Non-adherence: A New Way to Measure

A new study examines drug adherence in an interesting way — by looking at the rate of prescriptions abandoned at the pharmacy. Traditional non-adherence studies have looked at refill rates, pill counting, and patient reports of medication use. But prescriptions abandoned at the pharmacy represent a potential opportunity to intervene and improve adherence at the very onset of the prescribing process.

Researchers used the CVS pharmacy database to evaluate more than 10 million prescriptions filled by more than 5 million patients. The overall abandonment rate was 3.27%, although nearly half of those were eventually filled by the same drug or a similar drug within 30 days. Not surprisingly, patients were least likely to abandon opiate prescriptions, and were most likely to abandon expensive prescriptions. Prescriptions with a copayment of $40-$50 and those with a copayment of more than $50 were 3.4 times and 4.68 times more likely to be abandoned, respectively, than prescriptions with no copayment (P < 0.001 for both comparisons). New users of medications were more likely to abandon prescriptions than prevalent users, and prescriptions that were delivered to the pharmacy electronically were 1.64 times more likely to be abandoned than those that were not electronic (P < 0.001); however, they were unable to determine whether written prescriptions were never delivered to the pharmacy by patients.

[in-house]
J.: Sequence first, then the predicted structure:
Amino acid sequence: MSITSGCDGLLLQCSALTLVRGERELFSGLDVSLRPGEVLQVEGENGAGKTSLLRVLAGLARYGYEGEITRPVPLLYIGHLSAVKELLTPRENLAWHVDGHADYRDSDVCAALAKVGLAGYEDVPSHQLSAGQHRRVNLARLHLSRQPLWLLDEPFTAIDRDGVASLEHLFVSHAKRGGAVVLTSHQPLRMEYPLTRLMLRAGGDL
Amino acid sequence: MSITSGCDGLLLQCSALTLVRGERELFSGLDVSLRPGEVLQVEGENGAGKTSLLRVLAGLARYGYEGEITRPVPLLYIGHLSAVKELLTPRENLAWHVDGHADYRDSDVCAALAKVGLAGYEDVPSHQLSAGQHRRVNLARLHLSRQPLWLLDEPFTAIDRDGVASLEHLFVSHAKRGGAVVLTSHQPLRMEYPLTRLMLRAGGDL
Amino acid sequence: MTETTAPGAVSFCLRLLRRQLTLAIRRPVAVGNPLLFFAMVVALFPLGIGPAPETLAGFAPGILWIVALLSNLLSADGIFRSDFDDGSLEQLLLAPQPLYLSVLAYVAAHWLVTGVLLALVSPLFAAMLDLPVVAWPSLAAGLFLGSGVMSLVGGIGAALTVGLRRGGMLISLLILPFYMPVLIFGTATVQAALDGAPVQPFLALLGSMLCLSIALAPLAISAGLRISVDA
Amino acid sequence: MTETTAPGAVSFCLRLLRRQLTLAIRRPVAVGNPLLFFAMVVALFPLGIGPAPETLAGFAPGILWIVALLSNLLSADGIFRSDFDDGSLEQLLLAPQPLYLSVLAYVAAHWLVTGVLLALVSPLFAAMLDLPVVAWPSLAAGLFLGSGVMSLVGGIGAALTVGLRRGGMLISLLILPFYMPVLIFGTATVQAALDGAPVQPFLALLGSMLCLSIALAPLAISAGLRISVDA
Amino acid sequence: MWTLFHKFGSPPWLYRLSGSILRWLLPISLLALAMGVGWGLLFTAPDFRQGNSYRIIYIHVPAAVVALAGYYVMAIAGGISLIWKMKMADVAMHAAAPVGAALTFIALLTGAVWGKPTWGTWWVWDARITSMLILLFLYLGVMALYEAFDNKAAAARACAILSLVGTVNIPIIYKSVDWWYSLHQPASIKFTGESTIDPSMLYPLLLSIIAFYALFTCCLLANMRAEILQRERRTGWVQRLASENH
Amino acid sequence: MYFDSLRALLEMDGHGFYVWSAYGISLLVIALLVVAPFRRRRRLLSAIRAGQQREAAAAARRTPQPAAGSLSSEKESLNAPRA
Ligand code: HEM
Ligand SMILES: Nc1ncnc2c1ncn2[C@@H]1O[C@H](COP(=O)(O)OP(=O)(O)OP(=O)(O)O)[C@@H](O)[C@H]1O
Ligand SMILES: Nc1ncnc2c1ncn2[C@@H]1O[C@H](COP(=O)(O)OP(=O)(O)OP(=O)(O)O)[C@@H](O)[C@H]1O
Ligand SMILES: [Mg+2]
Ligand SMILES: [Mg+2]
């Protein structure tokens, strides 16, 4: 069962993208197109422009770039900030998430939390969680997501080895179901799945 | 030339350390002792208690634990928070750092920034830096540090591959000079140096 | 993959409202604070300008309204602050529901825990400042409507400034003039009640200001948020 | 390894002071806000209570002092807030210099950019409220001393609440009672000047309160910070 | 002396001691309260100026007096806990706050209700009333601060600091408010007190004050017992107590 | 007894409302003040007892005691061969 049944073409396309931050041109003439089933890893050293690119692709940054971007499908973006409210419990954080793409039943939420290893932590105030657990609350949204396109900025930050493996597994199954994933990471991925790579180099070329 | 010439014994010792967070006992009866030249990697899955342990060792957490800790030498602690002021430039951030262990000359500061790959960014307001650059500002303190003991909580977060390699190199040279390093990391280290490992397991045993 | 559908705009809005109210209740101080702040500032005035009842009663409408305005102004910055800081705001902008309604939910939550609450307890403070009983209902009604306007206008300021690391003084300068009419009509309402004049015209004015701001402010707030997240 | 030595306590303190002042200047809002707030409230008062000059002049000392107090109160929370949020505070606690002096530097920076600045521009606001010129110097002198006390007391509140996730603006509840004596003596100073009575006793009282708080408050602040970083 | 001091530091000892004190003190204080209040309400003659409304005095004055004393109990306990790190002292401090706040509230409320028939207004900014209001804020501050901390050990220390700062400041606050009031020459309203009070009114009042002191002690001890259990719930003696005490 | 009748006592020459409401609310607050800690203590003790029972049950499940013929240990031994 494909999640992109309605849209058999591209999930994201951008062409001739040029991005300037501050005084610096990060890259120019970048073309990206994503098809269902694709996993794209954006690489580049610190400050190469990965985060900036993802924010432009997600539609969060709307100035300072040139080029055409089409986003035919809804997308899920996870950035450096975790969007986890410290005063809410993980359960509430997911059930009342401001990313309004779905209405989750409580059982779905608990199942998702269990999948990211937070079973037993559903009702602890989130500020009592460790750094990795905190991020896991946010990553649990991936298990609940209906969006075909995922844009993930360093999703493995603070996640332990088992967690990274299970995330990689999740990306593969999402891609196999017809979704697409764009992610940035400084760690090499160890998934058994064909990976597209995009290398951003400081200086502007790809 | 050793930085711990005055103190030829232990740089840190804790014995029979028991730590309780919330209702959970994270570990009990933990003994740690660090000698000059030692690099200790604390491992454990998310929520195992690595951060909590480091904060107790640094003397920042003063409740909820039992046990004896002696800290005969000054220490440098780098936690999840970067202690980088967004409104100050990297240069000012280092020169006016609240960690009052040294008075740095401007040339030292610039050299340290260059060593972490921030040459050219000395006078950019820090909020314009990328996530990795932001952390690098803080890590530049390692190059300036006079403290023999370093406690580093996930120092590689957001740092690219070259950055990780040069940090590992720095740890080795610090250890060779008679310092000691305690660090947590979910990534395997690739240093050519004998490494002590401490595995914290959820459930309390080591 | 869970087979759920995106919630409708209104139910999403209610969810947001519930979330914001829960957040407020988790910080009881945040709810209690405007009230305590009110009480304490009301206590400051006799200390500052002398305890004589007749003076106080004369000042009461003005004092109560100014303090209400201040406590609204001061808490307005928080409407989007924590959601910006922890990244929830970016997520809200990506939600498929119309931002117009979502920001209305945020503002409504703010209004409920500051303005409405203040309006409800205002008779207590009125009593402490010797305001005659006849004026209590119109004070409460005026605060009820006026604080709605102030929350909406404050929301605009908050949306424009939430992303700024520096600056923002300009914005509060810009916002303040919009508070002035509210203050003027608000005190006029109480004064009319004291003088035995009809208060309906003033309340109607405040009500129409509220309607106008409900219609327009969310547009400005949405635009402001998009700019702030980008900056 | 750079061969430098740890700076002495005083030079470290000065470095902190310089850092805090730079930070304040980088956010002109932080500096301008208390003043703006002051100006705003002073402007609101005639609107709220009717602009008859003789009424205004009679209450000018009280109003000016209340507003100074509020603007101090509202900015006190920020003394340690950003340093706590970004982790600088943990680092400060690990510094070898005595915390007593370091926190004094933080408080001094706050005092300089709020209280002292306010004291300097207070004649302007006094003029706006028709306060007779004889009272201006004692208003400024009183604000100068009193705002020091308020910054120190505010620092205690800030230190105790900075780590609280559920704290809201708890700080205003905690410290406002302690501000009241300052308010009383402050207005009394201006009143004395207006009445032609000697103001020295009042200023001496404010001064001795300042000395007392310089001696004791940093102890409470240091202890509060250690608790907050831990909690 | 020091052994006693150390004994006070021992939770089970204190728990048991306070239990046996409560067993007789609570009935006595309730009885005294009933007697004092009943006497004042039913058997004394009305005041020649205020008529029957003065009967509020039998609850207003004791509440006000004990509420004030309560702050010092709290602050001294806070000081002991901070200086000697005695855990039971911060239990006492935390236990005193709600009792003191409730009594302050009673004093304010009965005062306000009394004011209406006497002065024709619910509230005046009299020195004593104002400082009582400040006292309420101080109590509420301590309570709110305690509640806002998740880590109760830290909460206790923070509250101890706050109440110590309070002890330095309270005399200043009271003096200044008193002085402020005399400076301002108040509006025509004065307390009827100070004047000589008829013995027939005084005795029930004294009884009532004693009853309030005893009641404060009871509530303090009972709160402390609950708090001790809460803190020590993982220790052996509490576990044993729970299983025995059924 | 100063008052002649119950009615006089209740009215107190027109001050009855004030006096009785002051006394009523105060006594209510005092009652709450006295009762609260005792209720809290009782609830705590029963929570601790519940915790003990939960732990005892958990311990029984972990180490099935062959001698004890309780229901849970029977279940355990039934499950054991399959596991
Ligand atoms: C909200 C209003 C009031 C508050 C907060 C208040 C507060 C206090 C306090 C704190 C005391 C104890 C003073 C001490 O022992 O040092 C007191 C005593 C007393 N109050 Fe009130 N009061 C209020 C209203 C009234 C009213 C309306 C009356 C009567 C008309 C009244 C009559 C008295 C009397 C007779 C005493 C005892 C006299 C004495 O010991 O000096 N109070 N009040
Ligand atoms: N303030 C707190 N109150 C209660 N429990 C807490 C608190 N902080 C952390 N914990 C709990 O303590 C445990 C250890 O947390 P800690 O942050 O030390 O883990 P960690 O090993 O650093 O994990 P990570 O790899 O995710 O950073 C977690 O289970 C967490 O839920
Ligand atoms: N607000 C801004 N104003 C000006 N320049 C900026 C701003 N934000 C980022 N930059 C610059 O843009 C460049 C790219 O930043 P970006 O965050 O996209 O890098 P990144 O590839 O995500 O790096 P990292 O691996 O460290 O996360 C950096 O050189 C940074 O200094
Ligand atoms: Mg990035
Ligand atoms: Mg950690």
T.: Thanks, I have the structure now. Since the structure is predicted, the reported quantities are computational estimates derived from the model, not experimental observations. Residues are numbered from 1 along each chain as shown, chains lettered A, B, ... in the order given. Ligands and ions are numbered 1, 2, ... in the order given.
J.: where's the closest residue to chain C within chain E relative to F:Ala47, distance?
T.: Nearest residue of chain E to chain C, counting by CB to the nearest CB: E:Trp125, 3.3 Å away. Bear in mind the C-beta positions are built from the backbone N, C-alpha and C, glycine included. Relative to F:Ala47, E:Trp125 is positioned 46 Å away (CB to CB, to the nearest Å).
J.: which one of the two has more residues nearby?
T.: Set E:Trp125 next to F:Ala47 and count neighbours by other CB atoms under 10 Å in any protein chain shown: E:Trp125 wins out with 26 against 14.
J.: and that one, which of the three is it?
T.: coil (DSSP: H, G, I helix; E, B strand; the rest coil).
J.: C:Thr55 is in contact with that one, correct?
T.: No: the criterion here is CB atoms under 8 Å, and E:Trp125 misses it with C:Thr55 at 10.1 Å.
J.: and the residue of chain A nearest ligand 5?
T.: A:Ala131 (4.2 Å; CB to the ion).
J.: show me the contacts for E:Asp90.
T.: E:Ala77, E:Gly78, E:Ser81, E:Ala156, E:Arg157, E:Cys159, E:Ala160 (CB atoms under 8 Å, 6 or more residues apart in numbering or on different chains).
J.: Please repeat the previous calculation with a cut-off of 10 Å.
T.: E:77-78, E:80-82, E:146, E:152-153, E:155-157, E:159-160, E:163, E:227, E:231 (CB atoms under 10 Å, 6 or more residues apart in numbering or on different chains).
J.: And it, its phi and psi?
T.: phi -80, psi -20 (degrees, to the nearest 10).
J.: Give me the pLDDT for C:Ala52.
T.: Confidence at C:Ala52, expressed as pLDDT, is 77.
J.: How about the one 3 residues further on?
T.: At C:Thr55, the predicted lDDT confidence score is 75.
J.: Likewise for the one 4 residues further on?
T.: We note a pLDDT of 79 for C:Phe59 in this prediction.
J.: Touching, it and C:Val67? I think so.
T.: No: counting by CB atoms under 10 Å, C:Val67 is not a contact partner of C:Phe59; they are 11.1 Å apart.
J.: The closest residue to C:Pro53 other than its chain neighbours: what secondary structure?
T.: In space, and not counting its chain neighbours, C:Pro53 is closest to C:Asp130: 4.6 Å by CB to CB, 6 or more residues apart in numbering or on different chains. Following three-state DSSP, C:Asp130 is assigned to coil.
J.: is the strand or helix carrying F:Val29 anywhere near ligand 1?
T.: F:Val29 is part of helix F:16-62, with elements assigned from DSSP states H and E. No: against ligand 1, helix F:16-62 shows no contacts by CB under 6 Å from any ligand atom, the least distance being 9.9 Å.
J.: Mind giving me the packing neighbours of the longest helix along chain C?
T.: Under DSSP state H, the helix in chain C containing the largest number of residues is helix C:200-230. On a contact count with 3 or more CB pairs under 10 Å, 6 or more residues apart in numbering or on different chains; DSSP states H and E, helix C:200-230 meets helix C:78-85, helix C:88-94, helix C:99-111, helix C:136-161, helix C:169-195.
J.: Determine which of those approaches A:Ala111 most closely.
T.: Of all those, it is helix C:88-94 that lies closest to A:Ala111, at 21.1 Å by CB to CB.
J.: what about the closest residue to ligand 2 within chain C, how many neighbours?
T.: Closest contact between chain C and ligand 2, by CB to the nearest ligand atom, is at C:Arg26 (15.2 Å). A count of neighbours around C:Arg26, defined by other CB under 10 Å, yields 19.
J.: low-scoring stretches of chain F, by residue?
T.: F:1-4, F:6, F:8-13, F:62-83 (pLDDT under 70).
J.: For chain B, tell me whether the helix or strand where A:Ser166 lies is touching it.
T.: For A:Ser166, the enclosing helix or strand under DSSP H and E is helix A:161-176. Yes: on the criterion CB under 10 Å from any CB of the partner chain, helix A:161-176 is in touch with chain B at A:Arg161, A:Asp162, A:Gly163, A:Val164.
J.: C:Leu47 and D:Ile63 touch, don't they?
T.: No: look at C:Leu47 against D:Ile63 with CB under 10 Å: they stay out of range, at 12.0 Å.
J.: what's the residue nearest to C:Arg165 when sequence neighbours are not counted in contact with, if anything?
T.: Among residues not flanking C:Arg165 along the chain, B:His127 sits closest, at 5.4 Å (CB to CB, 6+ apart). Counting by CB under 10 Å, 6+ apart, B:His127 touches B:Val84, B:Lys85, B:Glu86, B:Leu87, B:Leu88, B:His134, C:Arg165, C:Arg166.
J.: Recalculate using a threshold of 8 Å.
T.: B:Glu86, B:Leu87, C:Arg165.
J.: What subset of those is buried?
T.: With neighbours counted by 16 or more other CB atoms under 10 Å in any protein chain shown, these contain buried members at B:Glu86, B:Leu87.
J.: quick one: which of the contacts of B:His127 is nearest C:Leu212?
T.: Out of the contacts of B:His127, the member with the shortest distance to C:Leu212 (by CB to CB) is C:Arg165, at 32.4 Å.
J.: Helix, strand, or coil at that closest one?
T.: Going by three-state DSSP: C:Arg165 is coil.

The authors concluded that prescription abandonment represents an important opportunity to intervene and improve adherence (Ann Intern Med 2010;153:633-640). An accompanying editorial points out that the rate of abandonment in this study was actually quite low. Others studies have suggested that 17%-20% of patients do not pick up new prescriptions, and 8% of patients' prescriptions are denied by health plans. Physicians and pharmacists are urged to remain mindful that costs are an important barrier to adherence and that lower cost alternatives should be prescribed "whenever feasible" (Ann Intern Med 2010;153:680-681).